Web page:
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Review

Uncharted 4: A Thief's End Review

  • First Released May 10, 2016
    released
  • Reviewed May 5, 2016
  • PS4
Robert Handlery on Google+

One more day in paradise.

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"We receive the due reward of our deeds." So reads the inscription on an artifact discovered in the early hours of Uncharted 4: A Thief's End. It's a passage from the Bible, spoken by Saint Dismas, a man crucified on the same day as Jesus. He spent years robbing and murdering innocent people before being sentenced to death for his crimes. And with those last words of revelation, Dismas earned the title of the Penitent Thief.

This anecdote sets the tone for a powerful game about loss, betrayal, regret, and redemption. In both its momentous set pieces and its intimate, personal moments, Uncharted 4 drives its narrative forward with a rare understanding of its characters, its world, and the gameplay tying them all together. It's a stunning combination of disparate parts. It's a breathtaking marvel of a game.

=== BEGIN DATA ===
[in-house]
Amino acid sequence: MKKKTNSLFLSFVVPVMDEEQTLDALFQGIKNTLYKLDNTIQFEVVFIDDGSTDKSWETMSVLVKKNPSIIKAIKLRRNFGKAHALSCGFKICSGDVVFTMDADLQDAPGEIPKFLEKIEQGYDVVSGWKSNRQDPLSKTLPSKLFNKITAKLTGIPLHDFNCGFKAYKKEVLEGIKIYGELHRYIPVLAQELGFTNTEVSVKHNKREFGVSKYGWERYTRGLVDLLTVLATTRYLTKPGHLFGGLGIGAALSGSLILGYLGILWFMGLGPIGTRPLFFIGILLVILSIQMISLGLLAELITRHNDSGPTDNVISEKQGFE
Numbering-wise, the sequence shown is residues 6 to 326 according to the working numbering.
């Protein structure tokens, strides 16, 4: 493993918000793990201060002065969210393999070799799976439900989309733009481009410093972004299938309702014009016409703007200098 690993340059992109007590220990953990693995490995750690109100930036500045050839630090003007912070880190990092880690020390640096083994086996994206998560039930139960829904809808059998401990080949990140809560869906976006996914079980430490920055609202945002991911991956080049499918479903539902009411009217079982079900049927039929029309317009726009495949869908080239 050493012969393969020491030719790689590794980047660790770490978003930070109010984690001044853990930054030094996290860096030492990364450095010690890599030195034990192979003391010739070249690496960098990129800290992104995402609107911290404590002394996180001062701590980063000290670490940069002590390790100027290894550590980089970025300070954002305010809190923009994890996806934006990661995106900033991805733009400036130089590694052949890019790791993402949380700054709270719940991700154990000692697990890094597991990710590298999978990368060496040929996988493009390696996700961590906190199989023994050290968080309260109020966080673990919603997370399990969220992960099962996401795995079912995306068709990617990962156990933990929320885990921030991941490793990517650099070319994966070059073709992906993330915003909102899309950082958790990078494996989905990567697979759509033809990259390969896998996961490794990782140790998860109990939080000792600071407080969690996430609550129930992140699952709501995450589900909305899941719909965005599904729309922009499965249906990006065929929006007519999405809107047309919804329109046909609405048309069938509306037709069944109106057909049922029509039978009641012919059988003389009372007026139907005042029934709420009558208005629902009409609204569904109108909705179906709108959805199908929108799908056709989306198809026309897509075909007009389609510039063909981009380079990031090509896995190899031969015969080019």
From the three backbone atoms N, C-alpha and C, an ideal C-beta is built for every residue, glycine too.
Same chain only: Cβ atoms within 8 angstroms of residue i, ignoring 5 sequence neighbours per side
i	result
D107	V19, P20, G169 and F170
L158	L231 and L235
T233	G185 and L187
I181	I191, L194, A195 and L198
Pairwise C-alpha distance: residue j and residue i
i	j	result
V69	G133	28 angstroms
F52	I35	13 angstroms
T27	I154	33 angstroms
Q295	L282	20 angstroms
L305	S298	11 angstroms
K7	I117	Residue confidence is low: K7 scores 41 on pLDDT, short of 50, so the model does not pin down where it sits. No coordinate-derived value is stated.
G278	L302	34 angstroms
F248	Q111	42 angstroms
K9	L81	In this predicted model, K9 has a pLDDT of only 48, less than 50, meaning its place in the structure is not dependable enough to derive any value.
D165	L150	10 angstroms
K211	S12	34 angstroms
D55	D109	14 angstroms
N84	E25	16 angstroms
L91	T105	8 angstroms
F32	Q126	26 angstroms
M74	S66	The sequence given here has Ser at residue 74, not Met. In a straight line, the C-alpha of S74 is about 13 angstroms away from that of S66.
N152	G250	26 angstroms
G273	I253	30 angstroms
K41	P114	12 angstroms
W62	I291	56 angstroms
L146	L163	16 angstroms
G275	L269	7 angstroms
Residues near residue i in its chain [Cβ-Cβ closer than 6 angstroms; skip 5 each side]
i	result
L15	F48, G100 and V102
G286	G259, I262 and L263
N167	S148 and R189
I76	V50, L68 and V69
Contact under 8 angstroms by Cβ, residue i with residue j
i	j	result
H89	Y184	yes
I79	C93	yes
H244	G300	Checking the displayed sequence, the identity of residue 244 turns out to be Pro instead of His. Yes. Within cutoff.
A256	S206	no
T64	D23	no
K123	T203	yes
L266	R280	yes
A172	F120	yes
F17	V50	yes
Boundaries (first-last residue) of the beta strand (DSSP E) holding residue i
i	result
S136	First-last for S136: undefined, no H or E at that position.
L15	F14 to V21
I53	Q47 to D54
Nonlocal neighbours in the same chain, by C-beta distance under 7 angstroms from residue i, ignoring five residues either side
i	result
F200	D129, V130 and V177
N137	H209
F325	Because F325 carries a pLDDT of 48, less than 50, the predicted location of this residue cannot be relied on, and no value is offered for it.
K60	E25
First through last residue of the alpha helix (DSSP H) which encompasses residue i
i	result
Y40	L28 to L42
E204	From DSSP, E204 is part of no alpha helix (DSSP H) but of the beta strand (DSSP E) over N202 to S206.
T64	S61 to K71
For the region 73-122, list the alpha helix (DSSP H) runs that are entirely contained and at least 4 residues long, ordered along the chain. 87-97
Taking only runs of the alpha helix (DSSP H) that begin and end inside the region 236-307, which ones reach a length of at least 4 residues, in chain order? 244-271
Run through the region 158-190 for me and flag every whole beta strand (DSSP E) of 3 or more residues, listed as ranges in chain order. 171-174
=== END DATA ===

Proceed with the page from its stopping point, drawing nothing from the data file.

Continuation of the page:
By this point in the series, developer Naughty Dog has led us across the globe in search of famous treasures from equally famous legends: we unearthed El Dorado in the Amazon rainforest, found the Cintamani Stone deep in the Himalayas, and entered Iram of the Pillars, a sandswept city with a religious history of its own. In Uncharted 4, however, we find protagonist Nathan Drake leading a quiet life with freelance journalist Elena Fisher, who happens to be his wife. They live in New Orleans. They have a three-bedroom house. They play video games together.

But this all changes with the return of Nathan's older brother Sam, who was presumed dead for 15 years. Not only is he alive and well, but he's fallen in with criminals, and needs help paying a debt. He also has a lead on one of history's greatest treasures: the loot of the pirate Henry Avery, which the brothers have sought since their early days of treasure hunting. Now, with Nathan forced out of his calm life, they set off to chase their elusive white whale.

Elena and Nathan are leading a quiet life at the beginning of Uncharted 4.